First Advisor

David K. Roe

Date of Publication


Document Type


Degree Name

Doctor of Philosophy (Ph.D.) in Environmental Sciences and Resources: Chemistry


Environmental Science and Management




Semiconductor films, Cadmium sulfide, Cadmium selenide



Physical Description

3, viii, 67 leaves: ill. 28 cm.


Cadmium sulfide and cadmium selenide are important materials for applications such as photoconductive cells, photovoltaic cells and other electrooptical devices. Generally, these devices use single crystals. However, reasonable efficiencies have been observed by using polycrystalline films on conducting substrates, which are easier to make and provide considerable savings on materials and energy. Polycrystalline CdS/CdSe films have been made by sputtering and solution spraying, compound evaporation, chemical vapor deposition, and many others. A recent technique involves the electrochemical deposition of CdS and CdSe from nonaqueous solvents. Preparation of these films is based upon the cathodic deposition from a nonaqueous solution of a cadmium salt and elemental sulfur and/or selenium. Although the technique is simple, no mechanistic information is known to optimize the conditions in which films of controlled stoichiometry, doping and crystallinity are made. This research has the purpose to understand the mechanism of the formation of polycrystalline films of CdS and CdSe by electrochemical deposition in dimethylsulfoxide. This approach to the problem makes use of electrochemical techniques such as rotating ring disc electrode, linear scan voltammetry, high pressure liquid chromatography coupled with ultraviolet and electrochemical detection. By the rotating ring disc electrode technique, we have studied the kinetic parameters for the reduction of sulfur, selenium, cadmium, and the electroChemical formation of CdS and CdSe for temperatures from 25 - lOO°C. The results show that rates of initie.l electron transfer for the reduction of these species are moderately rapid, and secondly, that the reverse reaction is irreversible and involves additional steps. Studies of solubility of selenium with temperature reveal that its solubility is enhanced by the addition of sulfur. Understanding the electrochemical behavior of sulfur-selenium mixtures is of great importance to produce mixed semiconductive films with more adequate bandgaps for use with solar spectrum. Electrochemistry of sulfur-selenium mixtures are no different from that of sulfur alone. High pressure liquid chromatography separations with spectroscopic and electrochemical detectors have shown that sulfur solutions contain 86 and 87 fractions which are not electrochemically active.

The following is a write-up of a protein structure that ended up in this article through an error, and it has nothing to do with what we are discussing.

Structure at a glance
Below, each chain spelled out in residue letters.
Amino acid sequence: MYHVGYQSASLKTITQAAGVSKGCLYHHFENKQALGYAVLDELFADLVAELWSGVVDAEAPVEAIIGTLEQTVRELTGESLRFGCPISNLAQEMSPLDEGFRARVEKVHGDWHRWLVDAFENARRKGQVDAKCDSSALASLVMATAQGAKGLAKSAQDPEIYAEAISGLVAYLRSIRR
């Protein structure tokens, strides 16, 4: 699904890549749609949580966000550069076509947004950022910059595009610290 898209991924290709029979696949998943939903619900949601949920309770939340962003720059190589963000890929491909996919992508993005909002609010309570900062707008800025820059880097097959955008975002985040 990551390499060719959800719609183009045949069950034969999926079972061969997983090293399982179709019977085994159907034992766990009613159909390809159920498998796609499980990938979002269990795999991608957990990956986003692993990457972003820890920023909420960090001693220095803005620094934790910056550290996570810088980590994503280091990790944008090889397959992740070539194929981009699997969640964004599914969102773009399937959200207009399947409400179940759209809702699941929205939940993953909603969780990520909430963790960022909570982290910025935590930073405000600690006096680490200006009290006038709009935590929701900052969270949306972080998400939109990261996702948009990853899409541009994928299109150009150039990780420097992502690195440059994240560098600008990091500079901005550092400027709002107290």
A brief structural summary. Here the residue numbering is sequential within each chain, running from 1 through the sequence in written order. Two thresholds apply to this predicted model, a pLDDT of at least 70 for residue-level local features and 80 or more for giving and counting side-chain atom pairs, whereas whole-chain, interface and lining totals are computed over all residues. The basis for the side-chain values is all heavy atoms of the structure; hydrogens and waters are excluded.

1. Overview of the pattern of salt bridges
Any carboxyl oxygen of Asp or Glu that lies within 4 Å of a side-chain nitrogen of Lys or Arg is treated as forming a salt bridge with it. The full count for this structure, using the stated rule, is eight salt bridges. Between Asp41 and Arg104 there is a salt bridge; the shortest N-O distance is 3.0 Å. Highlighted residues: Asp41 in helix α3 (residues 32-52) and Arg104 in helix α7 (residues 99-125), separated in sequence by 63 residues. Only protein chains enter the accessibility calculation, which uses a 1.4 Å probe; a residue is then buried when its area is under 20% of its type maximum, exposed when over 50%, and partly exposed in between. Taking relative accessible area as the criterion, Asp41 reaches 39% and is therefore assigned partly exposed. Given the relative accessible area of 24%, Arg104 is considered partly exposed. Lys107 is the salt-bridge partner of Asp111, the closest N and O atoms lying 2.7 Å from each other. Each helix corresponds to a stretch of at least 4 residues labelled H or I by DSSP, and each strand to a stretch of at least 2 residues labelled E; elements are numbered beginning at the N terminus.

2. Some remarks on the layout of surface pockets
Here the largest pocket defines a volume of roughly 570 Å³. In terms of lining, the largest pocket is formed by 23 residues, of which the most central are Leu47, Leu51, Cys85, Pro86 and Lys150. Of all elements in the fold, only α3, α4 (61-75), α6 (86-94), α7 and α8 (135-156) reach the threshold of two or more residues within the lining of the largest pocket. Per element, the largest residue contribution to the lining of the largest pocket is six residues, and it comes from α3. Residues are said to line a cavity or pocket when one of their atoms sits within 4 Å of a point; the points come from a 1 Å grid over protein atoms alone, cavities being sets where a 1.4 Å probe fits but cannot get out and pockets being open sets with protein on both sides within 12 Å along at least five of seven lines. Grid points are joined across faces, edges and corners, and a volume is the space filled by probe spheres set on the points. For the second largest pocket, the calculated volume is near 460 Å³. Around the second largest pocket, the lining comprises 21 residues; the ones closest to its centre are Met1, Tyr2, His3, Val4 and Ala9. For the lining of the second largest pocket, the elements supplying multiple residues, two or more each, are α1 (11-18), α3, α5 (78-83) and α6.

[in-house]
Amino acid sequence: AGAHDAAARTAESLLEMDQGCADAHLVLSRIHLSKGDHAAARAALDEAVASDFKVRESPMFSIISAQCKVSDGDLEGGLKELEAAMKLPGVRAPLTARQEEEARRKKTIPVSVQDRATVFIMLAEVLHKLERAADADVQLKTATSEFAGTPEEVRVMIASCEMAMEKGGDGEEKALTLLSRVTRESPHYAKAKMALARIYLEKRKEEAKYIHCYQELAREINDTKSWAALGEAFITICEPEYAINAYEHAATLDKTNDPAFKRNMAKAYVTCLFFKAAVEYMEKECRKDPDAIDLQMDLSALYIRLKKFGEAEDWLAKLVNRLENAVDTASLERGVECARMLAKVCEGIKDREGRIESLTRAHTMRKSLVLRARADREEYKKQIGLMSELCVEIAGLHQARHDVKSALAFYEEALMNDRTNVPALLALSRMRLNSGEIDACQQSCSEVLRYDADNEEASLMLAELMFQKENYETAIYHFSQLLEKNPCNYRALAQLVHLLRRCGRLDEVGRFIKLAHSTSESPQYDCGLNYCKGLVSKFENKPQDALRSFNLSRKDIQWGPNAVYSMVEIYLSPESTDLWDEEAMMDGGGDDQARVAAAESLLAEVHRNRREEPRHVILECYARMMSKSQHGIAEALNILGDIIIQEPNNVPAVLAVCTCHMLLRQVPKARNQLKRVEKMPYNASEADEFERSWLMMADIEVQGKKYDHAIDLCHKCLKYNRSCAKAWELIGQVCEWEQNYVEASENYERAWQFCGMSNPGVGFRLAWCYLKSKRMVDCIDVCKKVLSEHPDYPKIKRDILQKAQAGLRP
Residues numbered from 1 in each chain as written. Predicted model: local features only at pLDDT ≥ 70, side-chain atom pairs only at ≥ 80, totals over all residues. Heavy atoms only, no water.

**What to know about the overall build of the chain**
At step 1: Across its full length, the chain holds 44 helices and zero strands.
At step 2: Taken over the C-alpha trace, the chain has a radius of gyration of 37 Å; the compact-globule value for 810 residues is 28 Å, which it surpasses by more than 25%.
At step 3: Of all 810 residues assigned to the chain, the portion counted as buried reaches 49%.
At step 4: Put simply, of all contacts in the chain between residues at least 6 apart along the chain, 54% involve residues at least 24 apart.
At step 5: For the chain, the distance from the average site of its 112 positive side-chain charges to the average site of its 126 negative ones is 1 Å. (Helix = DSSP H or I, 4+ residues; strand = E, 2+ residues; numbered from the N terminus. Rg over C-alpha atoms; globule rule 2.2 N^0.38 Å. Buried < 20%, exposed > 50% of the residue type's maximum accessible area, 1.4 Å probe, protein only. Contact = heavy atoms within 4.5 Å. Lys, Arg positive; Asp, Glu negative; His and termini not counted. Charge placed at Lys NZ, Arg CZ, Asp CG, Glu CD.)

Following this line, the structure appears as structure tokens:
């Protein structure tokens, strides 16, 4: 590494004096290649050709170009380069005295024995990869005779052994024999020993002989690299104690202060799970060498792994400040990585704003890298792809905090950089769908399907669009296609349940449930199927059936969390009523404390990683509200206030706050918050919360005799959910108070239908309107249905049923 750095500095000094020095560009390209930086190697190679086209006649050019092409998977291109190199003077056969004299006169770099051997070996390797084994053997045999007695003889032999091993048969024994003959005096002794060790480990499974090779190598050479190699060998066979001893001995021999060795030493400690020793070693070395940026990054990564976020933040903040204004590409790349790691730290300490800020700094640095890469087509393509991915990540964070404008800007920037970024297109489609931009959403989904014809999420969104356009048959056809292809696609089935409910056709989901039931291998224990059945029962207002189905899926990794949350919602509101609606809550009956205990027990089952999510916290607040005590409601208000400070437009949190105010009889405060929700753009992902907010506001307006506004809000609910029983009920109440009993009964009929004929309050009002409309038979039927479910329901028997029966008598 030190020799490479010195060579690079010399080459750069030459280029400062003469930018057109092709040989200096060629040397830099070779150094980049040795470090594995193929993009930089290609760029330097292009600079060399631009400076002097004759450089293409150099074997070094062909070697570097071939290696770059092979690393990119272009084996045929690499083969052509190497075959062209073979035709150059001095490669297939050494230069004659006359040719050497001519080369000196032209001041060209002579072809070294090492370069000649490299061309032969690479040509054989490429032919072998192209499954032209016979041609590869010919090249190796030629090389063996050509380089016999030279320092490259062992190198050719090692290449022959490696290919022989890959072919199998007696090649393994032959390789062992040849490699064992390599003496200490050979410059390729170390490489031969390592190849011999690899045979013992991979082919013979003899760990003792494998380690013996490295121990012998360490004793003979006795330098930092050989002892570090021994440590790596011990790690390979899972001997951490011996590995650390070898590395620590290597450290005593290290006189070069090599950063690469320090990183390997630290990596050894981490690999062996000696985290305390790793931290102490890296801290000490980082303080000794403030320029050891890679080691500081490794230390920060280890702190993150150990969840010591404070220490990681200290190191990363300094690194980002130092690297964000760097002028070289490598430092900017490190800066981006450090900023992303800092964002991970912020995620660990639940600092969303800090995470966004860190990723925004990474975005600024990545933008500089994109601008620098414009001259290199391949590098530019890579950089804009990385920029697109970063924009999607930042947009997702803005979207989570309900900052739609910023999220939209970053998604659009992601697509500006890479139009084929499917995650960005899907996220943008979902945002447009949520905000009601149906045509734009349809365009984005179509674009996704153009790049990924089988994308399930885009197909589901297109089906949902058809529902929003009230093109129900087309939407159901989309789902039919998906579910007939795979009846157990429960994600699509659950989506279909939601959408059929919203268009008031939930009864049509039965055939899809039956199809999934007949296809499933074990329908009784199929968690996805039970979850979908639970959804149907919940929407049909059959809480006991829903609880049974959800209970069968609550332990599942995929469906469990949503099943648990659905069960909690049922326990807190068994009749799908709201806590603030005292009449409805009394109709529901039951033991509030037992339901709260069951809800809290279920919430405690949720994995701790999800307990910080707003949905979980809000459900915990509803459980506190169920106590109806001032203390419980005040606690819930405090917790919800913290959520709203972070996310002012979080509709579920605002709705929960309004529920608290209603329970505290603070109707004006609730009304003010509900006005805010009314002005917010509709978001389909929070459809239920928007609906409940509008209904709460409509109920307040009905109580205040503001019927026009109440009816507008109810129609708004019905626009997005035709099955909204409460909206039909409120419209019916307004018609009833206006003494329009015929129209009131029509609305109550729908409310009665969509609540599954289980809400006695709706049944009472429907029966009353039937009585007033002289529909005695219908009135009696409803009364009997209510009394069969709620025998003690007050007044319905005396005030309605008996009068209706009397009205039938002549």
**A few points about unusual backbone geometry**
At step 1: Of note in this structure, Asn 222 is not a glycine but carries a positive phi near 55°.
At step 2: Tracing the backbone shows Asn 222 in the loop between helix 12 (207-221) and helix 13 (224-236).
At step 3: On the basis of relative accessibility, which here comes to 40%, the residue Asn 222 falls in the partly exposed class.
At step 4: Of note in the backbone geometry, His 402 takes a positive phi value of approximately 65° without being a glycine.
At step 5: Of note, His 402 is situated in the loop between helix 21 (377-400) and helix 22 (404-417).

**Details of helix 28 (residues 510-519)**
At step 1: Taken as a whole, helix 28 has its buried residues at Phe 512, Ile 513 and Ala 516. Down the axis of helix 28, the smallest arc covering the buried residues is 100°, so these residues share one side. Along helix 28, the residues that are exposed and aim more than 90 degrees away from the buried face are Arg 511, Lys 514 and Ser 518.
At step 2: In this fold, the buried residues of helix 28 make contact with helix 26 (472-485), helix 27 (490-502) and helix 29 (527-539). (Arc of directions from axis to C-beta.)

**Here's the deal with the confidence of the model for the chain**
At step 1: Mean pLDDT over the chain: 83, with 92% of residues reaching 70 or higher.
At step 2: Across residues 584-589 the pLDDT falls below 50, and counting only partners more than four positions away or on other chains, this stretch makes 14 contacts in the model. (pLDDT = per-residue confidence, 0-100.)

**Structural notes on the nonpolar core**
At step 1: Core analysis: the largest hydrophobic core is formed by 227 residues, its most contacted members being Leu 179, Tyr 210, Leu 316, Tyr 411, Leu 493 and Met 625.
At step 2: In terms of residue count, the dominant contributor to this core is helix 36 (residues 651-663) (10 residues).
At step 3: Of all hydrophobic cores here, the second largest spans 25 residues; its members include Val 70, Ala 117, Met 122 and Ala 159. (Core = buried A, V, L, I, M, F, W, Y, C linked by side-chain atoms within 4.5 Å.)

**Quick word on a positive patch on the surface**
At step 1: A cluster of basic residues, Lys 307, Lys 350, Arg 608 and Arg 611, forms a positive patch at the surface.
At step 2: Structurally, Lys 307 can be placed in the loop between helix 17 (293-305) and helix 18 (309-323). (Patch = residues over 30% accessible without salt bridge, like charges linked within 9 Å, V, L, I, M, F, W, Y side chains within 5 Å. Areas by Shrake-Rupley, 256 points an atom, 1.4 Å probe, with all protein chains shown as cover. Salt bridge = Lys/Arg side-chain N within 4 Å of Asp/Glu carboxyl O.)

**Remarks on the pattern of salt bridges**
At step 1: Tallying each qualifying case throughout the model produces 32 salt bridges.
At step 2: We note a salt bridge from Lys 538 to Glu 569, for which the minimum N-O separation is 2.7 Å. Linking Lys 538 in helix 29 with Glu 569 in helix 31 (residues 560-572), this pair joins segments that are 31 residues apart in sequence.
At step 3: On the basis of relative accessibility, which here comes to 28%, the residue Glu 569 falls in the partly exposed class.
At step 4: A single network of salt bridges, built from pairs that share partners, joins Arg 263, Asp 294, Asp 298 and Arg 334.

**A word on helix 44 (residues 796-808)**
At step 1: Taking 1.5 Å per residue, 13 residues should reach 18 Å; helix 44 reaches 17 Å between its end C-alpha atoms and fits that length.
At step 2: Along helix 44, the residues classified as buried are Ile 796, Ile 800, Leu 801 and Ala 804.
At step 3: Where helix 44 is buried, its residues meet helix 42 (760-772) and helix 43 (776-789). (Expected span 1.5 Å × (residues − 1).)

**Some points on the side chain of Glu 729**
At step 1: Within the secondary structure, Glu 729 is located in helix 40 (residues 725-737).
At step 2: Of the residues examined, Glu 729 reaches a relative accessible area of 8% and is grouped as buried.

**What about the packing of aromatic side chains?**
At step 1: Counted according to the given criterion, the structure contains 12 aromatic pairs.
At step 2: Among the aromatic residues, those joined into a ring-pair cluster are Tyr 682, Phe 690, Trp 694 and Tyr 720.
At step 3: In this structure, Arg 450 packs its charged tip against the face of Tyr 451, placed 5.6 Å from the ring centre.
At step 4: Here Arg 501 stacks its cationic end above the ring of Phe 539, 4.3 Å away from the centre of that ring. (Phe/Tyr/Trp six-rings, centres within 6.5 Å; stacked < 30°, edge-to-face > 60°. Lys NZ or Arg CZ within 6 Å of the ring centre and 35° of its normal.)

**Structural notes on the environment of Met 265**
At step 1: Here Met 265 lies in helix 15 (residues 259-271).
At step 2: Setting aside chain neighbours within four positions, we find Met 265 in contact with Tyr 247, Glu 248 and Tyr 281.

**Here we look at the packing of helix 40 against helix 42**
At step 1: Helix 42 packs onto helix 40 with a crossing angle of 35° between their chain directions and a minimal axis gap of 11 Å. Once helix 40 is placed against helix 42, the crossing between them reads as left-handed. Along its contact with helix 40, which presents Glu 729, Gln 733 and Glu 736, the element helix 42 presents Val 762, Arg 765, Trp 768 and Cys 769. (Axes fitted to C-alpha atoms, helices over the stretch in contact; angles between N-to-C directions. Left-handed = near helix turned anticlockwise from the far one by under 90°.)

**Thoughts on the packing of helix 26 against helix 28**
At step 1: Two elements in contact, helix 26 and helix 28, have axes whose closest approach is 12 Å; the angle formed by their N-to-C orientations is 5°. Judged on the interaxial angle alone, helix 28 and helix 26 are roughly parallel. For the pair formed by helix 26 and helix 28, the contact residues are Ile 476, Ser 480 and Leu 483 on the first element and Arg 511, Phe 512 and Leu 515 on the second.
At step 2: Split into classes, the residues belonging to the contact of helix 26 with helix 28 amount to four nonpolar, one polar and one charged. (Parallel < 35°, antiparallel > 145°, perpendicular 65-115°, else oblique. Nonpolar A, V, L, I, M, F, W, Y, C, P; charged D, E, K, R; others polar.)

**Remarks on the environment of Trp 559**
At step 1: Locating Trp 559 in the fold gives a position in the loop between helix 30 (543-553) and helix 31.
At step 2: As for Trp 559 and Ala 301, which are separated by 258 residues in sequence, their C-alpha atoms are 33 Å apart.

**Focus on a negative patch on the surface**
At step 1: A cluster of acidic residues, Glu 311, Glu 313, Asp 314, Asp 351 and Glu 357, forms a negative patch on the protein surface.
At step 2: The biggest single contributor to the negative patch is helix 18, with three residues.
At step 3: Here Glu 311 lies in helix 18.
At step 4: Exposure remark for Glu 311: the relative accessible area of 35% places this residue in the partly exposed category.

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Portland State University. Environmental Sciences and Resources Ph. D. Program.

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